montessori

People I meet are often curious and also misinformed about what Montessori education means. They ask me, “Why Montessori?” For a long time, I really couldn’t answer them eloquently. The truth is, at first I enrolled my oldest son because my mom begged me to. In order to understand her pleading for myself, I had to attend all of the parent education meetings offered and observe the classrooms. I have continued to send both of my sons to a Montessori school because I love it.

montessori

Common Misconceptions

The misconception I hear most often from other parents and teachers who are not familiar with or do not have experience with Montessori is “Isn’t that where the kids just get to choose what they do all day?” Thus implying kids are running amok and not getting any “real” work done. The short answer is “ yes and no.”

Montessori students have the freedom to create their own work plans. Then, after finishing all their required works, they are able to have silent reading or work with materials of their choosing. Students also have a lot more freedom to advance in areas they are interested in. All this choice, however, falls within the constraints of community consideration and manners. The children are not permitted to be overly chatty or rambunctious because that would disturb other students.

Student-Centered

Montessori classrooms are “student-centered,” meaning the teacher does not stand up in front of the class and lecture. Children receive individual lessons when they are ready to move onto new material. Once they have received a lesson in an area they are required to master that particular aspect of that subject and teach it to others. Thus, establishing a deep understanding and internalizing the information.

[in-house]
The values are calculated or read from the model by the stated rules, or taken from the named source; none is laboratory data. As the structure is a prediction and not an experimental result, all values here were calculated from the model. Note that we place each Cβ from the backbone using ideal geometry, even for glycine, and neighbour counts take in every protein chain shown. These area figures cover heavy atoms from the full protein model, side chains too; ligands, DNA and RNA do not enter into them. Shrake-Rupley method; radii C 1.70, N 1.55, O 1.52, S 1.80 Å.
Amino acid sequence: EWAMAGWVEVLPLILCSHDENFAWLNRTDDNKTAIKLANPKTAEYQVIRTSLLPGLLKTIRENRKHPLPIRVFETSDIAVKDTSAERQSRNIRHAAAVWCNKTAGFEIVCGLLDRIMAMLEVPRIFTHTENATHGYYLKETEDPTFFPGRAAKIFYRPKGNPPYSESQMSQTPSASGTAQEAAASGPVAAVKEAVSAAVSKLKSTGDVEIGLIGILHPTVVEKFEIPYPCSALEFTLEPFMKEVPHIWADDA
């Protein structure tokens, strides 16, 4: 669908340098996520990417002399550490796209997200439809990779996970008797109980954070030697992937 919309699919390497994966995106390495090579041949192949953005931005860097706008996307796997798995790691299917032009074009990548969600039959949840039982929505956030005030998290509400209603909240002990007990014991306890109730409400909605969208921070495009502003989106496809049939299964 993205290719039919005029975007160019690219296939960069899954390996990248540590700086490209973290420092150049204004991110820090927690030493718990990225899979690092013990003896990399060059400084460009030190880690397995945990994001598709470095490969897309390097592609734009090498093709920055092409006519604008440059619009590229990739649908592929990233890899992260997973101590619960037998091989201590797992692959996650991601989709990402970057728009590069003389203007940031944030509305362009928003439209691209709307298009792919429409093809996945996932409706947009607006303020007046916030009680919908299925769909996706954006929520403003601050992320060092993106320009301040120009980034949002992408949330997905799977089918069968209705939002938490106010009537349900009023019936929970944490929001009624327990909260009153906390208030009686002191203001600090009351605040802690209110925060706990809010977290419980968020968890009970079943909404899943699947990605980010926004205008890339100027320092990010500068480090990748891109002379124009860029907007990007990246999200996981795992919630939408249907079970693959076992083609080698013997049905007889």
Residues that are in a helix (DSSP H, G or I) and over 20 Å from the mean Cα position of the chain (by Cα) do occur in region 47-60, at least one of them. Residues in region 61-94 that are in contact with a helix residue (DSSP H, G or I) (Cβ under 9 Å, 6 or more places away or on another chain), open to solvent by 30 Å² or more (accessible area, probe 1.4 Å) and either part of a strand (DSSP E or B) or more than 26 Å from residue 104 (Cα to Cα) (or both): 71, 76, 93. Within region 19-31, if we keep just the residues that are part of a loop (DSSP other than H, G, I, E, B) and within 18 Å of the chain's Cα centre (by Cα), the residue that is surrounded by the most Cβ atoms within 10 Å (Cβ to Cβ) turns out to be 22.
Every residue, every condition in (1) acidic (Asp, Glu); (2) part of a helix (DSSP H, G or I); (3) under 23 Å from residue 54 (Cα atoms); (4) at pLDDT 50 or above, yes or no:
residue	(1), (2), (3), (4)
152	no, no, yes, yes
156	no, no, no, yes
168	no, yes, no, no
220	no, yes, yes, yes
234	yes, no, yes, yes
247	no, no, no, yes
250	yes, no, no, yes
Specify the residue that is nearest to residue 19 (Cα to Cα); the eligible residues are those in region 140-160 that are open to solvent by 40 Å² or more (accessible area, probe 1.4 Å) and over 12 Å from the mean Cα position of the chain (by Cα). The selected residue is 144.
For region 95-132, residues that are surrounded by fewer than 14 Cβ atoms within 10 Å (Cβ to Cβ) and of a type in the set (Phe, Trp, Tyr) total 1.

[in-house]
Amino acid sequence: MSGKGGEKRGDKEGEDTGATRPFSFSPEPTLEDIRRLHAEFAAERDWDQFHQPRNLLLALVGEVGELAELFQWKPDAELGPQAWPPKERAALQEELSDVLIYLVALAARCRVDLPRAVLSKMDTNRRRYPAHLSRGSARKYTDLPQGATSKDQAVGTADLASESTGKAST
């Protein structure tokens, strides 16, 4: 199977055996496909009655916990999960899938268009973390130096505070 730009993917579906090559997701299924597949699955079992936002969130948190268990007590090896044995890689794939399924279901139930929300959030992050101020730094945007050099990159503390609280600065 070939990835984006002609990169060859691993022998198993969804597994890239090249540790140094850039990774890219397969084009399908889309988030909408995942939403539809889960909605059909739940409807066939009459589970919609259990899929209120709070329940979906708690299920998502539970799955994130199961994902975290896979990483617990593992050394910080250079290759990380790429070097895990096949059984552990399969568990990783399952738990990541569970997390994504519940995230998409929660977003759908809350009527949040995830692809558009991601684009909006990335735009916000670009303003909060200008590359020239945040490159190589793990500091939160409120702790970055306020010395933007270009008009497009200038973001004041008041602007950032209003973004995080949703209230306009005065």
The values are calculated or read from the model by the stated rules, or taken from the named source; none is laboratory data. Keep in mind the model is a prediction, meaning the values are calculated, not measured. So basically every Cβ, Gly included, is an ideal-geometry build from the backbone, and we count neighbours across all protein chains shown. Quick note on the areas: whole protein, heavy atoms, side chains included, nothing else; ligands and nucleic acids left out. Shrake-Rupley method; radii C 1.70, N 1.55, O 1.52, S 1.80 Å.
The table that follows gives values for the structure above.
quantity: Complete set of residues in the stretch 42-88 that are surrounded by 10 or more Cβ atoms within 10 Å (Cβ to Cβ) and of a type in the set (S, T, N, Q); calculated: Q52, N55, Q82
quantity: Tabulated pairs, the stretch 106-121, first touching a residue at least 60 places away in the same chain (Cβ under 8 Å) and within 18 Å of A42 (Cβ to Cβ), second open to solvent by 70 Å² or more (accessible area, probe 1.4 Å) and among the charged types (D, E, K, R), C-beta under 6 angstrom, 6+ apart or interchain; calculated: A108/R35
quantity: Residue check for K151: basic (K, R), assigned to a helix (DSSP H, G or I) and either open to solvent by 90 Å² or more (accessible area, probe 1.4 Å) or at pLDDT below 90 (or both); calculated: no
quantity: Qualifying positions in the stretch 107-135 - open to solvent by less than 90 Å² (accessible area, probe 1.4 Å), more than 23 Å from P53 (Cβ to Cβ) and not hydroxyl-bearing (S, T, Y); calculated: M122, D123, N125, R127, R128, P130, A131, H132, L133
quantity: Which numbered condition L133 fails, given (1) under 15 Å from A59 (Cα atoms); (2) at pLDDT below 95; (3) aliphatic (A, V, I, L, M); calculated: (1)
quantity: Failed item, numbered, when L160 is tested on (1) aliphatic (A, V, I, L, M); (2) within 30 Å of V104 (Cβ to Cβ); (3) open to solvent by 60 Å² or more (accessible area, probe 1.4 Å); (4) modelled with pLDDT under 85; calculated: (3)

Additionally, students are held accountable for how much work they accomplish without being told to do it by an adult. This develops time management skills at a young age. The time management part is one of my favorite parts of the Montessori school. I personally struggled with time management in college and sometimes still do. Time management skills will serve them very well in life and career.

Love of Learning

Another principle I love about Montessori is the desire to instill in children a love of learning just for the sake of learning. I am a learner and a reader. The saying goes “readers are leaders” and I want that for my kids. I never want them to lose their curiosity about how the world works and what they can create.

Last, but definitely not least, is the strong focus on contentiousness and consideration of others. Students are taught to be kind, use manners, respect each other and the environment around them. Montessori schools are filled with beautiful material and never plastic junk. The classrooms stay free of clutter and have a very zen feel to them.

Montessori

Developing Character

When I observed my son’s classroom recently, a sixth-grade girl came over and quietly served me tea! Wow! I was impressed. That kind of consideration of others and hospitality is, lacking in our society today. That one kind act, or rather what it represents, is what sealed the deal on Montessori for my children and me.

I feel very blessed that here in Saint Augustine Florida we have a public Montessori charter school. Montessori education can be costly because they are usually private. So, having a public option is an absolute treasure.

I do, however, pay for my two toddlers to attend Moultrie Montessori. Jeannie, the founder and one of the most amazing teachers I have ever met says “pay me now or pay for college later.”

I believe her!

I can already see a change for the better in my toddlers. They love to go to school and I never have to worry that they will be neglected or bullied. That sort of thing just doesn’t happen there. The quiet, clean, and organized spaces make for the ideal learning environment. If only I could make my house a Montessori house!